IT has been said common sense is not common anymore. But had it ever become common before? It might as well be called the uncommon sense.
But my favorite wit, Mark Twain, aptly demonstrates what common sense is.
In a visit to Hawaii in the 1860s, he said he observed a bevy of nude young native women bathing in the sea. So, he said, he went and sat on their clothes to keep them from being stolen.
How about us Filipinos, do we have common sense?
Caloocan Bishop Pablo Virgilio David said Filipinos still have common sense after a survey showed a majority of the country’s adults believes those killed in the anti-drug war did not fight back.
Without that Social Weather Stations (SWS) survey, we wouldn’t know Filipinos still have common sense.
The SWS survey, conducted from June 23 to 26, showed 54 % of respondents did not believe those killed in the war against illegal drugs resisted the police.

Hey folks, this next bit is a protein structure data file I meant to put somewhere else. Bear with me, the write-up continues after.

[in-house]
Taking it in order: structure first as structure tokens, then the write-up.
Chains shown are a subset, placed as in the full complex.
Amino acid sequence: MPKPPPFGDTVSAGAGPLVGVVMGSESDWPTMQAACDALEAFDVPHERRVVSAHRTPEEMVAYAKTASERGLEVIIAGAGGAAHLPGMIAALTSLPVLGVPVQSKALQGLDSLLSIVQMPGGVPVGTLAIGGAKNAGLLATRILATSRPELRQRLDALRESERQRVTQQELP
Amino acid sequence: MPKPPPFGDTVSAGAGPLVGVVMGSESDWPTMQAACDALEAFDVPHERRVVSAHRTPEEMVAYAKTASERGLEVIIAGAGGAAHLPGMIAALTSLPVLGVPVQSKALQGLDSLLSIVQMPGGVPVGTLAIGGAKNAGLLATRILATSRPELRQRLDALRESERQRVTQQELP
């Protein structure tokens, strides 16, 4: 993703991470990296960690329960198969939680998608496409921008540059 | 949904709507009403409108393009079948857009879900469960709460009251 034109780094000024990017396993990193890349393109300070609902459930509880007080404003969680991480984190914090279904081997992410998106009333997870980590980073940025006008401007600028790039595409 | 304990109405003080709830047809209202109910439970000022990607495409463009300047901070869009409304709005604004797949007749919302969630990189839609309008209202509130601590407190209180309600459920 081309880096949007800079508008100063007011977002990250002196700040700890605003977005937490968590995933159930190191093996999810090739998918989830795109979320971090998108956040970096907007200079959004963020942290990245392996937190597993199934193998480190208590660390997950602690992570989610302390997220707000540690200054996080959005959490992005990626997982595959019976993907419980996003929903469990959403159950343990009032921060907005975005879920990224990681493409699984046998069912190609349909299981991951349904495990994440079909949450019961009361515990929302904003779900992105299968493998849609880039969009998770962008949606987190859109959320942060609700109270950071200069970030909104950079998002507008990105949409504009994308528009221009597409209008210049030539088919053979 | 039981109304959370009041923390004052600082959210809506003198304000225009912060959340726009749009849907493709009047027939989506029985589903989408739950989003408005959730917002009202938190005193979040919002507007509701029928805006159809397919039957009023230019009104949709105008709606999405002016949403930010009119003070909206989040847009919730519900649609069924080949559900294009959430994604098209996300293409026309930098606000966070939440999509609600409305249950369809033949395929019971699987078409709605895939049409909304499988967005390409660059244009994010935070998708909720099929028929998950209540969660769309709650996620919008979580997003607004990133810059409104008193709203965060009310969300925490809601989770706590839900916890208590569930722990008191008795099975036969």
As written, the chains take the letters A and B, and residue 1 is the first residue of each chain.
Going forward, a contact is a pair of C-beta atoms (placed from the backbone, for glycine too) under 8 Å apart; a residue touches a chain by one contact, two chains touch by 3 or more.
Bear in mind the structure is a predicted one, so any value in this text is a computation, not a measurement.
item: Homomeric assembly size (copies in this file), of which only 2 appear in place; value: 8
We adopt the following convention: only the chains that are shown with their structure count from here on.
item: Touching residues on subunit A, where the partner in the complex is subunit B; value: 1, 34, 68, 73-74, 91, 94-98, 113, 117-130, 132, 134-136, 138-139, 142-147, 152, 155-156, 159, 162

Disbelief in the police claim was strongest in Metro Manila at 63 percent and among Class E, the poorest.
The survey also showed that 49 percent nationwide and 58 percent in Metro Manila did not believe the victims were drug pushers.
David said the survey “merely shows that most Filipinos know how to follow their basic common sense.”
“It does not make sense that a drug suspect who knows he’ll surely die if he engages heavily armed policemen in a special operation in a firefight would still fight,” the Caloocan prelate said.
In short, any drug suspect who resists the police has no common sense.”